The Freeman's Burden:

To defend the principles of human liberty; to educate; to be vigilant against the ever expanding power of the state.

Thursday, September 15, 2005

Emperor Bush appears naked on your T.V.

Tonight, the President gave a breathtaking speech in which he defined poverty as a function of racism, government redistribution as the solution to poverty, and the feds as the lead agent in reconstruction after Hurricane Katrina. All that and you get to pay for it!

The silliness actually went all the way to a plan for government run website to serve as a clearing house for charitable giving. As if any idiot with a big heart, a visa card and a mouse couldn't find a worthwhile charity to give to without a government program.

The President seems to have abandoned any shred of conservative principles that may have survived his first five years in charge of this massive, inefficient government. The speech, and the program outlined, are far more LBJ then Ronald Reagan.

As the Cato Institute points out, the President's plan is based on fallacy:

In "Hurricane Economics," Alan Reynolds, a Cato senior fellow, writes: "The alleged 'fiscal stimulus' of $62.3 billion of debt-financed federal funding in the hurricane-afflicted cities is pure illusion. The notion that replacing destroyed property will somehow boost the economy is, as economist Walter Williams reminds us, the old 'broken window fallacy' exposed by Frederic Bastiat in 1848.

"Breaking windows may create work for glaziers, but property owners whose windows were broken will then have less money left over to spend on something more enjoyable. Society then has to devote scarce real resources to this unfortunate task, rather than another. Meanwhile, interest expense on the extra $62.3 billion of national debt is a burden on taxpayers, not a free lunch."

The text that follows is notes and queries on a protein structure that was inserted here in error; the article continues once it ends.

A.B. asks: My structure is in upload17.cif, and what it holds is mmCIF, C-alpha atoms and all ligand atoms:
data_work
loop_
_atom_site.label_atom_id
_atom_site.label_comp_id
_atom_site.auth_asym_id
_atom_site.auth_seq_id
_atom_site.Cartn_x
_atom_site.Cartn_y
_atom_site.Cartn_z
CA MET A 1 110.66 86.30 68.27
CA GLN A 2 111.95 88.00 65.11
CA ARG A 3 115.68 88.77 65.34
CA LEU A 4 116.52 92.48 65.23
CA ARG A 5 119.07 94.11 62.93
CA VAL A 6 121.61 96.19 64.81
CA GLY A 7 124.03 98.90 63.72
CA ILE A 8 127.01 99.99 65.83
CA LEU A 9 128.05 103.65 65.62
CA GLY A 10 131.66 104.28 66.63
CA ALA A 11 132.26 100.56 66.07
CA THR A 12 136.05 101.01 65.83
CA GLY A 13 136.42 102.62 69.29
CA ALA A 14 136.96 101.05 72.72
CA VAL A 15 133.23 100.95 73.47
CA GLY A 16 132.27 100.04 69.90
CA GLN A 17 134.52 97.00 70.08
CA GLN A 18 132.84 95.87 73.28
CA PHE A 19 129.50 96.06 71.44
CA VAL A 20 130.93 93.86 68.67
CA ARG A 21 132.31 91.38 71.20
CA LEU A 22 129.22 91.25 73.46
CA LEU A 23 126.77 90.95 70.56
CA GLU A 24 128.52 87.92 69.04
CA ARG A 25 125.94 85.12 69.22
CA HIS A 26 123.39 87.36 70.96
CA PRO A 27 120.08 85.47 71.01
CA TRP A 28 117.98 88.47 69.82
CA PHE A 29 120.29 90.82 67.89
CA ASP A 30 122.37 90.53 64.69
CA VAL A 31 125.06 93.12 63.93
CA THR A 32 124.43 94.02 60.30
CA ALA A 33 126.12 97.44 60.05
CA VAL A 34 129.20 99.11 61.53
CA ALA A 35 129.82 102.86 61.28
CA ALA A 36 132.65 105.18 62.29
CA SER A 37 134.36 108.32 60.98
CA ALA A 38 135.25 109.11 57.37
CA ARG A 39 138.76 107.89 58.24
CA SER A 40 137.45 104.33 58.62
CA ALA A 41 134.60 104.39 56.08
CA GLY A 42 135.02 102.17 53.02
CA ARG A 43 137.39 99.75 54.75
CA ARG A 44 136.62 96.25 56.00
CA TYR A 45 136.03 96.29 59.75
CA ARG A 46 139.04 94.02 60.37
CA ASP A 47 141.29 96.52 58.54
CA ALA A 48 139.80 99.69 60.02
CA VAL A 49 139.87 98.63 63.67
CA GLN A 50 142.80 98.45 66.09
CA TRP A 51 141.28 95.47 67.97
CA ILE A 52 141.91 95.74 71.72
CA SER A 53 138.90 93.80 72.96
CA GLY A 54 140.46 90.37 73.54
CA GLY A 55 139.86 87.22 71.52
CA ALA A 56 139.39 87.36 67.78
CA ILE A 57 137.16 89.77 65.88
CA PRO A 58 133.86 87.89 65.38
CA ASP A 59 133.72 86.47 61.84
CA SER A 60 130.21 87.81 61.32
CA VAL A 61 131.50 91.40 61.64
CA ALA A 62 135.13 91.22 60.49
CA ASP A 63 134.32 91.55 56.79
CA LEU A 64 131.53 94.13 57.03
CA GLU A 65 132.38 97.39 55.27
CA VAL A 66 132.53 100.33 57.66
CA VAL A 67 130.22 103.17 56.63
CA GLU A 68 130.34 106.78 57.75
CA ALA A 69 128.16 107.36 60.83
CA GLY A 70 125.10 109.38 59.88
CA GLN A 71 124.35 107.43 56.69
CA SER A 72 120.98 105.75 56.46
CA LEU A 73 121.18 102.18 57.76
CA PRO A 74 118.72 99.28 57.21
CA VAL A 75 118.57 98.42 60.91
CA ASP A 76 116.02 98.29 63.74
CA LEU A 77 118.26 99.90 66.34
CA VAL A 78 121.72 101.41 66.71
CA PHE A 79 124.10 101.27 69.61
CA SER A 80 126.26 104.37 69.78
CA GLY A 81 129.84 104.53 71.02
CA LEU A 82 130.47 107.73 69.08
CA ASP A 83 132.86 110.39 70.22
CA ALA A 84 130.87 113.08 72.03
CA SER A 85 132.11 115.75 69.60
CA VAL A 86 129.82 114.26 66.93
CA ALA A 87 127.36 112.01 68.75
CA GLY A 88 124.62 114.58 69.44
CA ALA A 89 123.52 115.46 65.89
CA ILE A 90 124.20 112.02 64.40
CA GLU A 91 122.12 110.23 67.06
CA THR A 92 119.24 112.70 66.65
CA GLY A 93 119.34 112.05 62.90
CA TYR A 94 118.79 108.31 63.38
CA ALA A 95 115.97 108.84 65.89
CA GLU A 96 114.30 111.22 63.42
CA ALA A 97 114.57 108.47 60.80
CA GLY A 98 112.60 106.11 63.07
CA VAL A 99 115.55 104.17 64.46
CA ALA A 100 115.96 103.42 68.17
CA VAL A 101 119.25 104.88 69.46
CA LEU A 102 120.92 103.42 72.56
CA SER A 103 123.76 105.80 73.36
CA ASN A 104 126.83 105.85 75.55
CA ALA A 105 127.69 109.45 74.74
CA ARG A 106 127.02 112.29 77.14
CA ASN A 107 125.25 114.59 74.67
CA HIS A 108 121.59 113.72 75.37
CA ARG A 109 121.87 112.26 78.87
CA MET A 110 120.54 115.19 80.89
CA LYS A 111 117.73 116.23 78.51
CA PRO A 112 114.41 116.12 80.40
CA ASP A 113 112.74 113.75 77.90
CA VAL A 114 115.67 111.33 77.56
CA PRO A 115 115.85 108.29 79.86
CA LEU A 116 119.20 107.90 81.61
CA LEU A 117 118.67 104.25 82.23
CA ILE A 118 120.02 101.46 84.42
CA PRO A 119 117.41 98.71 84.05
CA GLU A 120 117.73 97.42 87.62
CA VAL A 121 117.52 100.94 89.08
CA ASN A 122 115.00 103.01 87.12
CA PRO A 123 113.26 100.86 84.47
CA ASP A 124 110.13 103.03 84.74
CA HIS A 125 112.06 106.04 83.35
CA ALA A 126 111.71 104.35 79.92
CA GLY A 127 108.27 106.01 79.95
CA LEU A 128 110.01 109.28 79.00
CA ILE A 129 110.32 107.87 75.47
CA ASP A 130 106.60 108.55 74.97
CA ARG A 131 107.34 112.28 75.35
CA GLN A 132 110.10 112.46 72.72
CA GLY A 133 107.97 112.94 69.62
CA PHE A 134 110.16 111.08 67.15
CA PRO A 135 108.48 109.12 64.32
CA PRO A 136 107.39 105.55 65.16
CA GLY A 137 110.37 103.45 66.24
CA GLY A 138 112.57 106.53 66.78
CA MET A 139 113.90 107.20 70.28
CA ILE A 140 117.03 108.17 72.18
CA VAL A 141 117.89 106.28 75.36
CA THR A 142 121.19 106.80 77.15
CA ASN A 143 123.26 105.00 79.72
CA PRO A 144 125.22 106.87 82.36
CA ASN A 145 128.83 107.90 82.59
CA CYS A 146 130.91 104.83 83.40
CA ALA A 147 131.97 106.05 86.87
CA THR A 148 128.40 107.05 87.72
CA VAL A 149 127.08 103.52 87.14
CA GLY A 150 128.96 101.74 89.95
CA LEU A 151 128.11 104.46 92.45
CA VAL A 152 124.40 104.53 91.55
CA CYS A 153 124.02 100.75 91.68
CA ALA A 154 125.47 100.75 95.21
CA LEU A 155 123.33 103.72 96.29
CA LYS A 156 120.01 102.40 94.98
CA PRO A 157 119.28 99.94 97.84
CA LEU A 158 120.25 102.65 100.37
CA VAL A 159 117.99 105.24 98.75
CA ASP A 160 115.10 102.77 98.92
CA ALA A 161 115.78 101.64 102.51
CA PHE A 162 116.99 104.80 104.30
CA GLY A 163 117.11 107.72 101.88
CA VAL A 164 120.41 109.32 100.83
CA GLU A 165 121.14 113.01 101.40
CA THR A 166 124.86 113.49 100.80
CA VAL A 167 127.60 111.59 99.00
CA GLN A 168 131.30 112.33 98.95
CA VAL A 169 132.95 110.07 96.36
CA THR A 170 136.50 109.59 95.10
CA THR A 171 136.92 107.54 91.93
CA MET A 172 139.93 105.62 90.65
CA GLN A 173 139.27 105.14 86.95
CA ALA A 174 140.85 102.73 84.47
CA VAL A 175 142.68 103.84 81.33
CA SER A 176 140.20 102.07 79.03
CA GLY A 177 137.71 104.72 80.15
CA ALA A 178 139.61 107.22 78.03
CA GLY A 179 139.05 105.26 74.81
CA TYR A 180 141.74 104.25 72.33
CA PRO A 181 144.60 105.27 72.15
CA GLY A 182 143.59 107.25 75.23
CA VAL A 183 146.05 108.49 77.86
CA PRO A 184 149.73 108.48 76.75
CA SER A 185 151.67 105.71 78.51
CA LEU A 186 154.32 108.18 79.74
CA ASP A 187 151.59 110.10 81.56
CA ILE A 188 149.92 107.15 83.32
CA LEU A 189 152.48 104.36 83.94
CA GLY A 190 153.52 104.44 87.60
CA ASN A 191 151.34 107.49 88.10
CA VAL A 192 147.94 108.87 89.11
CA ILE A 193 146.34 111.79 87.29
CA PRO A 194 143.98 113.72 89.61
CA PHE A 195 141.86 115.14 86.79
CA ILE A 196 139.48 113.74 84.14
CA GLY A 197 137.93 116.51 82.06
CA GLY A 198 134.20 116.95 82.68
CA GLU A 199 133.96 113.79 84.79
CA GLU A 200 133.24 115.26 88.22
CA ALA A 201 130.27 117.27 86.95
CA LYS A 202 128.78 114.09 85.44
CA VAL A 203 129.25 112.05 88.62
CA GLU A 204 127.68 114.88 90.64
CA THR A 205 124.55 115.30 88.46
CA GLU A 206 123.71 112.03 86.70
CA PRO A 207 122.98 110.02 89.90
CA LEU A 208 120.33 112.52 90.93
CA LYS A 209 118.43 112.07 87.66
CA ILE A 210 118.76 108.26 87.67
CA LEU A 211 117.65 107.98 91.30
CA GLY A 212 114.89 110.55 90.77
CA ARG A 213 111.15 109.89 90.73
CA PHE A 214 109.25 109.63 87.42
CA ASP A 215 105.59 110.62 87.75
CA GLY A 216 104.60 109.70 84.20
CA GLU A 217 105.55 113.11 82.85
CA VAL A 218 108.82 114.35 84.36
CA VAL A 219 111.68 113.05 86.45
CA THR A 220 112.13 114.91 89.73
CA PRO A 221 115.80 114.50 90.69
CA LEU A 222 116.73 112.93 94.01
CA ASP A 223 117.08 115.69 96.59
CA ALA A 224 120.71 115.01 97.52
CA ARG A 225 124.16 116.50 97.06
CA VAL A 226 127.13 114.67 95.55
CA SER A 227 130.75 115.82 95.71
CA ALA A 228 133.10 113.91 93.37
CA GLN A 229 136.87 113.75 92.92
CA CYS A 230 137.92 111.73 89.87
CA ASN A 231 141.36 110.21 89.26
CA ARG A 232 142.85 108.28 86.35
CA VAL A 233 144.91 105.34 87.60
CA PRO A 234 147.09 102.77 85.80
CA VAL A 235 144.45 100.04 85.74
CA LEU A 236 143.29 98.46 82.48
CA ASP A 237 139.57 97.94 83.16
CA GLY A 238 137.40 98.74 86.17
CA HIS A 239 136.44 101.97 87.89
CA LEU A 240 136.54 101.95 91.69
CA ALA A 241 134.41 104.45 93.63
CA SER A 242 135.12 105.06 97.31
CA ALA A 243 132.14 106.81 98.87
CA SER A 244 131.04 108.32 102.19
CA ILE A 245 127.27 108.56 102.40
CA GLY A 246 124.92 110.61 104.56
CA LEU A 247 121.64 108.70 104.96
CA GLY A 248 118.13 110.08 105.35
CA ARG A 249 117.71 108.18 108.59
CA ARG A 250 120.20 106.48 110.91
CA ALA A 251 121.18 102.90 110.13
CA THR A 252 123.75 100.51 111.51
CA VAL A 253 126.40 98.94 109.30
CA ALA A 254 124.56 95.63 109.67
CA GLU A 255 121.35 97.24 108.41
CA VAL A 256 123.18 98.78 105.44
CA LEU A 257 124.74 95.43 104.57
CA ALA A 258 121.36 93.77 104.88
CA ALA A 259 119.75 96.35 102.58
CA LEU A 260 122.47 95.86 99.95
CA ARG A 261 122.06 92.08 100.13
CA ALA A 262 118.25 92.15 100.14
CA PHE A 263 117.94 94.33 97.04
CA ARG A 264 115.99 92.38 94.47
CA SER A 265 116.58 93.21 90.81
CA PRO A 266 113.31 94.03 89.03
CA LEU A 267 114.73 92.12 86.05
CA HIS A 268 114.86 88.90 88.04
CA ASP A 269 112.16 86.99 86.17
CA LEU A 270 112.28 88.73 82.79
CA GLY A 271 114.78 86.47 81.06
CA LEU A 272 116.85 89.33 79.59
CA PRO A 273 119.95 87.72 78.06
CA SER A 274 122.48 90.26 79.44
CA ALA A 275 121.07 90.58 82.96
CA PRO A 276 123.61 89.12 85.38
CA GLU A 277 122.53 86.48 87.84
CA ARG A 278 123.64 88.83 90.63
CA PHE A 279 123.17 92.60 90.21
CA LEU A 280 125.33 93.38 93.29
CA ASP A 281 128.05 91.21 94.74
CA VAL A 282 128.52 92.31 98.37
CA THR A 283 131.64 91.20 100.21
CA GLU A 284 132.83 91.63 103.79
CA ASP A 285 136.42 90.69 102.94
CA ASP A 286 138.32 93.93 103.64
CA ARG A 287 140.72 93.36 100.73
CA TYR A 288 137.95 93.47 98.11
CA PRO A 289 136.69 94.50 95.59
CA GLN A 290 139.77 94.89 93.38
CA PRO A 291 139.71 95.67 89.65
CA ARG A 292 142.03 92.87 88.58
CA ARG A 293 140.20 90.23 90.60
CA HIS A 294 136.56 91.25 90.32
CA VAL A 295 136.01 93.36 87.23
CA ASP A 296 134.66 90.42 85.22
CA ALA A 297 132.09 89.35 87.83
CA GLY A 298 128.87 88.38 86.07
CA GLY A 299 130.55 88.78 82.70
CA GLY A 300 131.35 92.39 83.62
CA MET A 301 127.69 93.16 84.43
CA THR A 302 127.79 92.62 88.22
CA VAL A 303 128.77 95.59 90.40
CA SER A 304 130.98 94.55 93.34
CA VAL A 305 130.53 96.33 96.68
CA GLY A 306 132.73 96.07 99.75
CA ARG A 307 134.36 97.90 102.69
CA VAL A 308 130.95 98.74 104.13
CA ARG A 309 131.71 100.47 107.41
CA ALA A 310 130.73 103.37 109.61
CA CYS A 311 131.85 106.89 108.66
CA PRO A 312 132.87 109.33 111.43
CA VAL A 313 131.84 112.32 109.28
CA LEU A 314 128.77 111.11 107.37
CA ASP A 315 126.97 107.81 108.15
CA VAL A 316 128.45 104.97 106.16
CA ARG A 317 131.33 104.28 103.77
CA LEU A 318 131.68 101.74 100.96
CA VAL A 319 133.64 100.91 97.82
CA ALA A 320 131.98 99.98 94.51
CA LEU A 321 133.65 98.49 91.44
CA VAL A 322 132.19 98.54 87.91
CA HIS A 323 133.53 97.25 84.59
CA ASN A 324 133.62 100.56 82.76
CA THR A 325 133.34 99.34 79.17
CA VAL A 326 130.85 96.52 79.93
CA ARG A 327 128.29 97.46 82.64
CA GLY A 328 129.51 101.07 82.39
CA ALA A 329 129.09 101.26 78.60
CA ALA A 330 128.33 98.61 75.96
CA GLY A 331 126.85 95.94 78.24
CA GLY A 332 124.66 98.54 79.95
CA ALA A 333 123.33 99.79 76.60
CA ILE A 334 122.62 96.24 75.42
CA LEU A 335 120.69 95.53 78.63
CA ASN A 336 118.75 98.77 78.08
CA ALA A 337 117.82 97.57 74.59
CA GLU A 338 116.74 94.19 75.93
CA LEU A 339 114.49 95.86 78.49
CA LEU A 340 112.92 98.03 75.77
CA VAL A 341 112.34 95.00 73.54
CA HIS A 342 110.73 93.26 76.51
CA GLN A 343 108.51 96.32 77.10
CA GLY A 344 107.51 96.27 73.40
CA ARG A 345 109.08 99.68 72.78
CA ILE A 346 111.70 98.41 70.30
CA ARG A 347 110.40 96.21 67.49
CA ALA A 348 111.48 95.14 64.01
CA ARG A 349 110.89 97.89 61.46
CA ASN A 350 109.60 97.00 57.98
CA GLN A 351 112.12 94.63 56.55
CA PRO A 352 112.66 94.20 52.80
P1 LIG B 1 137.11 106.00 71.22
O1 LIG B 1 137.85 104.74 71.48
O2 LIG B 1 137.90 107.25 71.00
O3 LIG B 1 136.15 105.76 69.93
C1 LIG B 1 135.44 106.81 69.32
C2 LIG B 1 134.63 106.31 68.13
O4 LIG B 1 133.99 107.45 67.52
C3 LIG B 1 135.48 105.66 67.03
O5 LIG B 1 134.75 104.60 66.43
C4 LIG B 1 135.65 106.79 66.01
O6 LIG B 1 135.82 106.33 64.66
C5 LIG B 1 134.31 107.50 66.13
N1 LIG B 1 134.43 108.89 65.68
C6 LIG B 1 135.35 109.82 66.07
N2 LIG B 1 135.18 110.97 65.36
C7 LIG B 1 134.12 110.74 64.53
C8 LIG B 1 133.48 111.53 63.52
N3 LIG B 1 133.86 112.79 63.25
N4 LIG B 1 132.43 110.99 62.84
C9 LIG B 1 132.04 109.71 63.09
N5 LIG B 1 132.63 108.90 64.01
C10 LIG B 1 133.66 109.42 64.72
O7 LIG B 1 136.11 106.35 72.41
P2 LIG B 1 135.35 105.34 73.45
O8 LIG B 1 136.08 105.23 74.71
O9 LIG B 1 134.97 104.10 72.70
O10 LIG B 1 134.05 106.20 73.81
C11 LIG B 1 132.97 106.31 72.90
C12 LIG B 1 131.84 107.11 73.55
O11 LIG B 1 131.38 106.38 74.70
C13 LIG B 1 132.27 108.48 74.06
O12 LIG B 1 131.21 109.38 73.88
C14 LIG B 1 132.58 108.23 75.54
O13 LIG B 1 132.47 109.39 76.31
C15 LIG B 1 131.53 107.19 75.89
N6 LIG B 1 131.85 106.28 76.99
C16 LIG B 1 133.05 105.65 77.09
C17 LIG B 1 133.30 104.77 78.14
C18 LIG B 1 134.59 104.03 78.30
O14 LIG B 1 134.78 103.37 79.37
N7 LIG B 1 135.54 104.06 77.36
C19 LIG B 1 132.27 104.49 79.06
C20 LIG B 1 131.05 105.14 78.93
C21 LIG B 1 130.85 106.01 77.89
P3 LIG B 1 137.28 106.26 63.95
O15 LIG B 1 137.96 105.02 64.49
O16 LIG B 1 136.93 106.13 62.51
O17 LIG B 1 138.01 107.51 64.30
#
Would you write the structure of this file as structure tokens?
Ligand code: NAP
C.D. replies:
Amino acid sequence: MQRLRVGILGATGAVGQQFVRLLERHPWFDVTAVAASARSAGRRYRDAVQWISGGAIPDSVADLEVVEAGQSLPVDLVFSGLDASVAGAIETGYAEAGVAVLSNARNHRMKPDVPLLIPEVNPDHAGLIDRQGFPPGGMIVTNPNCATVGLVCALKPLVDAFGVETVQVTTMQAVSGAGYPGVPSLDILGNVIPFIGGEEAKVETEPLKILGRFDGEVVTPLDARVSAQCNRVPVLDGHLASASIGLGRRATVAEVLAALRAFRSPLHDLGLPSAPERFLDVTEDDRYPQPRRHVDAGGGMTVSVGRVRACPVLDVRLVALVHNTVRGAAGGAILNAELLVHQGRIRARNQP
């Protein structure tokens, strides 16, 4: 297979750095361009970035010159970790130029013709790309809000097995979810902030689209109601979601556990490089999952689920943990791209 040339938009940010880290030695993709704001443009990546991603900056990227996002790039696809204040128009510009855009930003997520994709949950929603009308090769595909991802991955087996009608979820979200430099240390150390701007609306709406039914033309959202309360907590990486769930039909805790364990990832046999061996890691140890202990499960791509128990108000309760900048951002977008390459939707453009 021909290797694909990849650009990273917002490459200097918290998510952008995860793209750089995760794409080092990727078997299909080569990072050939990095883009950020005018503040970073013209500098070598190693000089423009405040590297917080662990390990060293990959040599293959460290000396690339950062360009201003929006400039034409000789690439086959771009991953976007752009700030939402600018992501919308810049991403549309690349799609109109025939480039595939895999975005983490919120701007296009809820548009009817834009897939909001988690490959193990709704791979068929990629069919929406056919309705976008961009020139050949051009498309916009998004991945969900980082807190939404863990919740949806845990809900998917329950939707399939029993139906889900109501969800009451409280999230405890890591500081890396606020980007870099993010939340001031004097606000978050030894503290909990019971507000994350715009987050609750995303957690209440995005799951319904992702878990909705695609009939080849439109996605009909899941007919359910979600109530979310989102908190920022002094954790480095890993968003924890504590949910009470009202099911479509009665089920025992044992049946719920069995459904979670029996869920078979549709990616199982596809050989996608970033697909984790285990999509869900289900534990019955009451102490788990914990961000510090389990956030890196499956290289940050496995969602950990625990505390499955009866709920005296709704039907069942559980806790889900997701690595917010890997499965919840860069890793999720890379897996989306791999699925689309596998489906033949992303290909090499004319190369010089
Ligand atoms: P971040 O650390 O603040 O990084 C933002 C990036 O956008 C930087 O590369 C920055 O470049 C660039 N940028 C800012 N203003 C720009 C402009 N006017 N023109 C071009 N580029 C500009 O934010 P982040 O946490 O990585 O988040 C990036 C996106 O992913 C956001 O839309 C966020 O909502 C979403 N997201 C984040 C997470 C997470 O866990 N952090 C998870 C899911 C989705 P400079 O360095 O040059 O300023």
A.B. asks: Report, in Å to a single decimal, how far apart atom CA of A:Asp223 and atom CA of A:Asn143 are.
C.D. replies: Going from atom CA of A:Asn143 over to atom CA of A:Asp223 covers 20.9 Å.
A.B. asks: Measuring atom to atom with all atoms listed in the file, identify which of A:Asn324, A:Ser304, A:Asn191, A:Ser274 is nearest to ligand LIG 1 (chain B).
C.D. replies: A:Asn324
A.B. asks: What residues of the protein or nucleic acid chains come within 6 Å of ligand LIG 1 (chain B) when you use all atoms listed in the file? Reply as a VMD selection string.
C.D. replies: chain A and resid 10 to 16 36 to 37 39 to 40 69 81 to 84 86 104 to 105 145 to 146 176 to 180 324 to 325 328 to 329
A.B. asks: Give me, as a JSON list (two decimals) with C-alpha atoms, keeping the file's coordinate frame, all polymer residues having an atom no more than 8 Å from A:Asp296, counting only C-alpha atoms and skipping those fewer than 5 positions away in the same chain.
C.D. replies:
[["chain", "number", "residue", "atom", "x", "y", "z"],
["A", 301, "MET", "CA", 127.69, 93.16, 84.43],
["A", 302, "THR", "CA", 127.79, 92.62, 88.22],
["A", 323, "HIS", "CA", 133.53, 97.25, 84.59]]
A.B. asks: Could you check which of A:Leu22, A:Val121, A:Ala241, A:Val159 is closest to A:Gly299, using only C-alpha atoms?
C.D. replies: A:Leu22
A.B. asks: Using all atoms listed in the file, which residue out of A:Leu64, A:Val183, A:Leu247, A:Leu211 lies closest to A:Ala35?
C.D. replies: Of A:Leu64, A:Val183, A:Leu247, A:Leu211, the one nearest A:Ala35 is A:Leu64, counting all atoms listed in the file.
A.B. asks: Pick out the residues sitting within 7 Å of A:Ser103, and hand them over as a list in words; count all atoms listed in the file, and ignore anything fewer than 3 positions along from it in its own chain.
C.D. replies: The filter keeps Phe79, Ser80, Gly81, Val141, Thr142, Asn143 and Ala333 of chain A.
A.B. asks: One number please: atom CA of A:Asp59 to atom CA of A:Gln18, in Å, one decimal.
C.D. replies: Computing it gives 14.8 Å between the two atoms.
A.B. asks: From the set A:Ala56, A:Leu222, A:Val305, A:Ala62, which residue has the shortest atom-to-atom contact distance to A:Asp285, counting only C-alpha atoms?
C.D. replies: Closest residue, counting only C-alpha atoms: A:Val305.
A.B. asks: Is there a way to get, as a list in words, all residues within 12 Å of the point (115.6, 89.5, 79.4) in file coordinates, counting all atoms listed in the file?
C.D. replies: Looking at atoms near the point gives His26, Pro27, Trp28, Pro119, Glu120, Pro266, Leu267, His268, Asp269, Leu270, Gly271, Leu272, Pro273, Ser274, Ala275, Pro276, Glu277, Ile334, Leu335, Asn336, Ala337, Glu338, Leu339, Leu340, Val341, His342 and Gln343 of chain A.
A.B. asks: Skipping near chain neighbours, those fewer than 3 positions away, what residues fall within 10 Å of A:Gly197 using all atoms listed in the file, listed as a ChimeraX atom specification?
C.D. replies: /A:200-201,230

This program also assumes that the feds can use tax payers money to alleviate poverty. 35 years and trillions of dollars wasted on poverty programs prove the absurdity of this belief.

Even more vexing is the realization that the "Republicans" in Congress, who are anxious to show there compassion and engagement leading up to the mid-terms, will not only pass this massive expansion of government (estimated at up to 200 billion dollars), but will likely add there own pet projects and drive the costs, both monetary and social, through the roof in the rush to out-compassion the other guy. We all know that Bush will never veto legislation and this, no matter how expensive or how badly designed, will not be the first.

I hope my conservative friends are reading this and asking themselves how they would feel about Bush's speech and Bush's New Deal-like vision for reconstruction (and the war for that matter) if it were a Democrat in power and making these proposals.


Post a Comment

<< Home